Meteoroids the size of a grain of sand knocks material off the surface of asteroid Bennu

The new study suggests that large particle ejections from the surface of near-Earth asteroid Bennu may be the result of collisions with small particles the size of a grain of sand, called meteoroids, which intensely bombard the surface of the space rock as it approaches the Sun. The main author of the study is Dr. William Bottke of the Southwest Research Institute, USA, who used data collected from NASA’s OSIRIS-REx mission in his work.

Launched in 2016, NASA’s OSIRIS-REx spacecraft is currently orbiting asteroid Bennu to touch the surface and collect soil samples in October 2020 for return to Earth.

“While in orbit around this asteroid, the device transmitted its images to Earth,” Bottke said. “One of the most striking features we have seen in these images is that material is often ejected from the surface of the asteroid into space. Tiny rocks are scattered into the surrounding space, and at the same time we see no signs that the emissions are due to the sublimation of ice – as is the case with comets. The size of the largest stones ejected from the surface of the asteroid reaches several centimeters. It is also noteworthy that the ejections of material from the surface of the asteroid occur mainly in the afternoon. ”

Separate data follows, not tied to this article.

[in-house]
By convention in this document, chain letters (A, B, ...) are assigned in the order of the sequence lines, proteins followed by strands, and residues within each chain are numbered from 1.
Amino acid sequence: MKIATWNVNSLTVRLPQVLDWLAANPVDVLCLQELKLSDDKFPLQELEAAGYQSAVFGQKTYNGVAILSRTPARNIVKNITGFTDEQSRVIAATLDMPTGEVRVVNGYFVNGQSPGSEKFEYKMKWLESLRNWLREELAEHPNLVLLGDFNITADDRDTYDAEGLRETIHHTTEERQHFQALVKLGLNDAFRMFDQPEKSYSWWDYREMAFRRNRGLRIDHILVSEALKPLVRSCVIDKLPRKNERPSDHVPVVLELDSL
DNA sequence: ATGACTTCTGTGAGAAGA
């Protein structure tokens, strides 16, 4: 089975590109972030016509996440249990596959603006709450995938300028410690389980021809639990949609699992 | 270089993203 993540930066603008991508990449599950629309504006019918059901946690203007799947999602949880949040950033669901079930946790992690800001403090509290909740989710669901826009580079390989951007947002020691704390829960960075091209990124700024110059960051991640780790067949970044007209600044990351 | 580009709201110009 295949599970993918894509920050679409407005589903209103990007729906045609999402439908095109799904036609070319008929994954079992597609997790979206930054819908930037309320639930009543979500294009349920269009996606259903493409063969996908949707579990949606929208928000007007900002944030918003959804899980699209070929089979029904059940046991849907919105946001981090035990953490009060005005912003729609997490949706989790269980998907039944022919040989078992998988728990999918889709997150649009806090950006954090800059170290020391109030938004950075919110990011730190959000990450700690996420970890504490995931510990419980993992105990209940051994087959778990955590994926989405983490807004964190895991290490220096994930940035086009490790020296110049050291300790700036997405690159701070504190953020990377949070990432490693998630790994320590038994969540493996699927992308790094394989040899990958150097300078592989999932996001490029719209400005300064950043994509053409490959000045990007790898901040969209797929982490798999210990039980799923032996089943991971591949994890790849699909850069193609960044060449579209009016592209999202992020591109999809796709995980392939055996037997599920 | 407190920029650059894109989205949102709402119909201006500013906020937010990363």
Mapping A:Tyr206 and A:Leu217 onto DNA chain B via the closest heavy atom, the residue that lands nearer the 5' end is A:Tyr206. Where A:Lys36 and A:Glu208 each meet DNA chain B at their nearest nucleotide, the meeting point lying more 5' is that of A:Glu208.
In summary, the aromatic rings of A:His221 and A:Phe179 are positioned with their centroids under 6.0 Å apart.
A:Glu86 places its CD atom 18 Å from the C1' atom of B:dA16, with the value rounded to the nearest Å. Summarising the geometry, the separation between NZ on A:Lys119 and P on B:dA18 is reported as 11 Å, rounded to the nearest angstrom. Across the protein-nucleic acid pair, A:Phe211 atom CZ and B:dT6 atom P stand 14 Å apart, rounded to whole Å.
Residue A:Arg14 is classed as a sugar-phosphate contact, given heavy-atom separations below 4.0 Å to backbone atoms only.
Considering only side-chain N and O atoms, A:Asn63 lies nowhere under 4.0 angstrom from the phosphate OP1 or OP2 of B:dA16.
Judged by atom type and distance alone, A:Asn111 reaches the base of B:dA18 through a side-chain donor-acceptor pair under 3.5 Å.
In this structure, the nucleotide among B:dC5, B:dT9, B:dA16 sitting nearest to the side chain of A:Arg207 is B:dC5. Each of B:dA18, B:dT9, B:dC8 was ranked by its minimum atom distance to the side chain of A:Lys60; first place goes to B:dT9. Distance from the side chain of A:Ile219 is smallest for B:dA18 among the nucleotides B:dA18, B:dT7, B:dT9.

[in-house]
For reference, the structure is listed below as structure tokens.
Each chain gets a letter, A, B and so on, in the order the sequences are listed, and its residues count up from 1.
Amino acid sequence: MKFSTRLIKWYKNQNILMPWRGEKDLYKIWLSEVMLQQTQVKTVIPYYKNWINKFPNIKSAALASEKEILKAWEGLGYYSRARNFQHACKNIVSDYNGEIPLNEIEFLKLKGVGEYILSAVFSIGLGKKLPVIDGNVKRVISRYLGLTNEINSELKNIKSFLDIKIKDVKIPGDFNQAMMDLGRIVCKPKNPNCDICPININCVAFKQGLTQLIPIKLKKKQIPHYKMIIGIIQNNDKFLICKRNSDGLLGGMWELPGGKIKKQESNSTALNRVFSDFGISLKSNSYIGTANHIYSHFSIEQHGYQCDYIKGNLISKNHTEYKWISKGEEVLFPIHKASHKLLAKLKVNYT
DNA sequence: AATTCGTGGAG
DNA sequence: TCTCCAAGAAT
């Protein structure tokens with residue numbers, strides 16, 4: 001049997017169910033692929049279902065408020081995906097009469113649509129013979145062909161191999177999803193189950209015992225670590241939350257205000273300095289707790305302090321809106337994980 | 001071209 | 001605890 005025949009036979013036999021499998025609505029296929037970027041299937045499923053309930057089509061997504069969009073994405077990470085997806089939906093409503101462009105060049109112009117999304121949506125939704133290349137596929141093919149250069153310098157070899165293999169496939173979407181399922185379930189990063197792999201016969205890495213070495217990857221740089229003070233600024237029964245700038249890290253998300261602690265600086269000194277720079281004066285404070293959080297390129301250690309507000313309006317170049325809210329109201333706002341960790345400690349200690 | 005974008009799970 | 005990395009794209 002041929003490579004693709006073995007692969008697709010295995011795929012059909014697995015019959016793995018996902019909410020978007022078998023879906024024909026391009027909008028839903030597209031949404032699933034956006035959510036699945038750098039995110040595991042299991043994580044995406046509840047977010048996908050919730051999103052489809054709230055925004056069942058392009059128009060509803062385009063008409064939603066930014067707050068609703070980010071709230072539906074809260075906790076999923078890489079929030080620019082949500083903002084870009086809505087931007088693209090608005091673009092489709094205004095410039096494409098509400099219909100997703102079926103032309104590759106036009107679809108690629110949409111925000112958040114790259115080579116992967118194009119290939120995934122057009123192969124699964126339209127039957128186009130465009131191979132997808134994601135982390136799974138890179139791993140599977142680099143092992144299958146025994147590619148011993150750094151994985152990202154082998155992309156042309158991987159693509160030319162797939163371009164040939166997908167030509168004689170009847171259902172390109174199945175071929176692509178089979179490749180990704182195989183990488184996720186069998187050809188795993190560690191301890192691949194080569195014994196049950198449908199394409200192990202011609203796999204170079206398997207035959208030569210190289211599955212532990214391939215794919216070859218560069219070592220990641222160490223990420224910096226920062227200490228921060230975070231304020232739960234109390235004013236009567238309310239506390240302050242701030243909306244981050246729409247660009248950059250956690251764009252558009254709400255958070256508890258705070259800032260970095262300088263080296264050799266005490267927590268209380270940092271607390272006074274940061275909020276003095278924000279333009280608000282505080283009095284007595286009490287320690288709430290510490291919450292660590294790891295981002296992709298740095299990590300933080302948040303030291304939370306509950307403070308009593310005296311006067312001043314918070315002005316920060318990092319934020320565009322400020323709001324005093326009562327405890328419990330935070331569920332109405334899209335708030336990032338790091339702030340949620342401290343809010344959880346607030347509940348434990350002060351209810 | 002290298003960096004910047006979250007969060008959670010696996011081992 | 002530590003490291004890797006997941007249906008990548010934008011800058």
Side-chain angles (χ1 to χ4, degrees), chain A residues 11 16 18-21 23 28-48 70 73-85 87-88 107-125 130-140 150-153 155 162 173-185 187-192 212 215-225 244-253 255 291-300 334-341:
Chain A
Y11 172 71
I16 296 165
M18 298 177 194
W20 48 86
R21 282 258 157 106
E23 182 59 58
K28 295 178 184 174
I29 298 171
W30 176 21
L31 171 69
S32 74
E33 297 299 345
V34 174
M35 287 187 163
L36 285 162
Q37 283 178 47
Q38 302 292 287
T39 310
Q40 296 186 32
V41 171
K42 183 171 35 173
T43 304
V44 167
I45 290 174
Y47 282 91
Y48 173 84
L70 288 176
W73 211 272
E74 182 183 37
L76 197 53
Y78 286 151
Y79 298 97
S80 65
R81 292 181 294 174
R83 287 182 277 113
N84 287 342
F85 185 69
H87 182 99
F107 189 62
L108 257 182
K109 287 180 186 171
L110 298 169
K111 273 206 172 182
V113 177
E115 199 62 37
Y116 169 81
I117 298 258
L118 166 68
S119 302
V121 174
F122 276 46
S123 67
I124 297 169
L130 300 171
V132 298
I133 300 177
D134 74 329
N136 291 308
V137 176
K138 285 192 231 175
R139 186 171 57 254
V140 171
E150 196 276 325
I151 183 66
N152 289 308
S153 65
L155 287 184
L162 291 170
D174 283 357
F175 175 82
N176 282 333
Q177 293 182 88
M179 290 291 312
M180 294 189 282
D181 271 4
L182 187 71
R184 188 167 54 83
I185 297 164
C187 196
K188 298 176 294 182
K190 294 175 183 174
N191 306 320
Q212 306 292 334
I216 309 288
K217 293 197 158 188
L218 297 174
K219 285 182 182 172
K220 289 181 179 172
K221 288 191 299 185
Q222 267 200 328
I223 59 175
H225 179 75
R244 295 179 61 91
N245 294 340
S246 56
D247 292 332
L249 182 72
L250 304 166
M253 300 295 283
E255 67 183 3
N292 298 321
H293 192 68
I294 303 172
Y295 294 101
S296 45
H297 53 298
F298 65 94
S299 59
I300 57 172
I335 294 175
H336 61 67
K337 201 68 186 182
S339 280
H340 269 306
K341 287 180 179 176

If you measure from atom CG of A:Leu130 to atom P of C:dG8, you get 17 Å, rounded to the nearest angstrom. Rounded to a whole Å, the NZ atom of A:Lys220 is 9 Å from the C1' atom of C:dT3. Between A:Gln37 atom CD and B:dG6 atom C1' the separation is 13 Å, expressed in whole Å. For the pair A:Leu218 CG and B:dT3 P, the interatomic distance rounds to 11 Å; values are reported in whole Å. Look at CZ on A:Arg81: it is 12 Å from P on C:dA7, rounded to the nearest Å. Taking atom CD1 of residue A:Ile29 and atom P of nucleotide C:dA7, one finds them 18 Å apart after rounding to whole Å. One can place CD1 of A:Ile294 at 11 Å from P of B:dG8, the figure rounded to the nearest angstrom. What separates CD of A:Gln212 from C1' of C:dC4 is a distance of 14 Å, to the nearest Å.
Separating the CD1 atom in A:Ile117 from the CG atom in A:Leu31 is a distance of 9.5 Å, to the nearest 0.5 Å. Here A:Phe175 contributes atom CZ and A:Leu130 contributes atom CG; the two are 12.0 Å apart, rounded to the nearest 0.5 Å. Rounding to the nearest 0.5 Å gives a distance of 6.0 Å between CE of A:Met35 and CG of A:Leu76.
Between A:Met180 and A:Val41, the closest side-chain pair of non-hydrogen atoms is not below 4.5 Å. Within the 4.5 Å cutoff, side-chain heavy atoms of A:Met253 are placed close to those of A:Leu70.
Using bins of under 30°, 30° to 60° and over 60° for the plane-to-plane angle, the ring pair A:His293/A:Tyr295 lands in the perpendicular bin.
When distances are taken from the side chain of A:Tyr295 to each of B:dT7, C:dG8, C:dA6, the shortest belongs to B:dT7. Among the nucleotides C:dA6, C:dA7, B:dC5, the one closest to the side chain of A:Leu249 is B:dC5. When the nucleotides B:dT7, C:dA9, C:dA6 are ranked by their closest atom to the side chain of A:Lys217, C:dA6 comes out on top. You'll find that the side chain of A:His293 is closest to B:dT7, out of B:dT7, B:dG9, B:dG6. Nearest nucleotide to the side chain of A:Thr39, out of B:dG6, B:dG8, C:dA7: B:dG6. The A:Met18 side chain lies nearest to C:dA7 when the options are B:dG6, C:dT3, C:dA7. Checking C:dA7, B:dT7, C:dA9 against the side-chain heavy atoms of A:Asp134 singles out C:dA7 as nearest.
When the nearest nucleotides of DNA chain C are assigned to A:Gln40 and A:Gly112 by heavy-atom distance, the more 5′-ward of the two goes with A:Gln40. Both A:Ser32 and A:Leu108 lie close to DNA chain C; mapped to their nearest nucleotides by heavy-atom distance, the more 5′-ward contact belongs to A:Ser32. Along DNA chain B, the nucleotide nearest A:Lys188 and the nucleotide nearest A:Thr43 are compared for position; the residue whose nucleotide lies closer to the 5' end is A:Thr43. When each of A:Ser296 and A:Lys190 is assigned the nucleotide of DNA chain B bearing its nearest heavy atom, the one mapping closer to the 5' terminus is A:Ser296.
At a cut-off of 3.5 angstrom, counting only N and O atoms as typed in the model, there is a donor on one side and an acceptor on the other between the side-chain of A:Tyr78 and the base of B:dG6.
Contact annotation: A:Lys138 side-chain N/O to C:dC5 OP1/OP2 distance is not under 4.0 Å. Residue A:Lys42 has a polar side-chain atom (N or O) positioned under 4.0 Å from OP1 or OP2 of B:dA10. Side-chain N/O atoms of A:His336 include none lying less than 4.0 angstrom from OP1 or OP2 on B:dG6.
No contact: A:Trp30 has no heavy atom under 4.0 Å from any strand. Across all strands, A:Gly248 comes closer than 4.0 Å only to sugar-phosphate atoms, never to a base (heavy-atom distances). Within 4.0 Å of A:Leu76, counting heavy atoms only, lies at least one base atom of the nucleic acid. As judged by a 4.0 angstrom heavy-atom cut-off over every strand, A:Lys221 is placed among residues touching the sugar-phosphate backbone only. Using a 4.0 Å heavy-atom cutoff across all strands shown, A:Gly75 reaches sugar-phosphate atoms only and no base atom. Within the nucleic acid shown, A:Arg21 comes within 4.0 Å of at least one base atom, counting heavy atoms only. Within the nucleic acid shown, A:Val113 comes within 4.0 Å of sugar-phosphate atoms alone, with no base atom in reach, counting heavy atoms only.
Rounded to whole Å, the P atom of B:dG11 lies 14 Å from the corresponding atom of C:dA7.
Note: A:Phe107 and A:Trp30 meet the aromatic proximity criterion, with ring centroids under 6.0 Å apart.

According to the hypothesis proposed by Bottke’s team, the knocking out of material from the surface of asteroid Bennu occurs by the action of small meteoroids, which are remnants of comets, the material of which was released into space by light when comets approached the Sun. As the asteroid Bennu is currently approaching our star itself, the number of collisions with meteoroids is increasing. The largest collisions with such cometary remnants are of a “head-on” nature, if we consider the movement of the asteroid around the Sun, and taking into account the direction of the asteroid’s own rotation from east to west, these collisions occur in the afternoon, closer to sunset, the authors note.

The study is published in the Journal of Geophysical Research: Planets.

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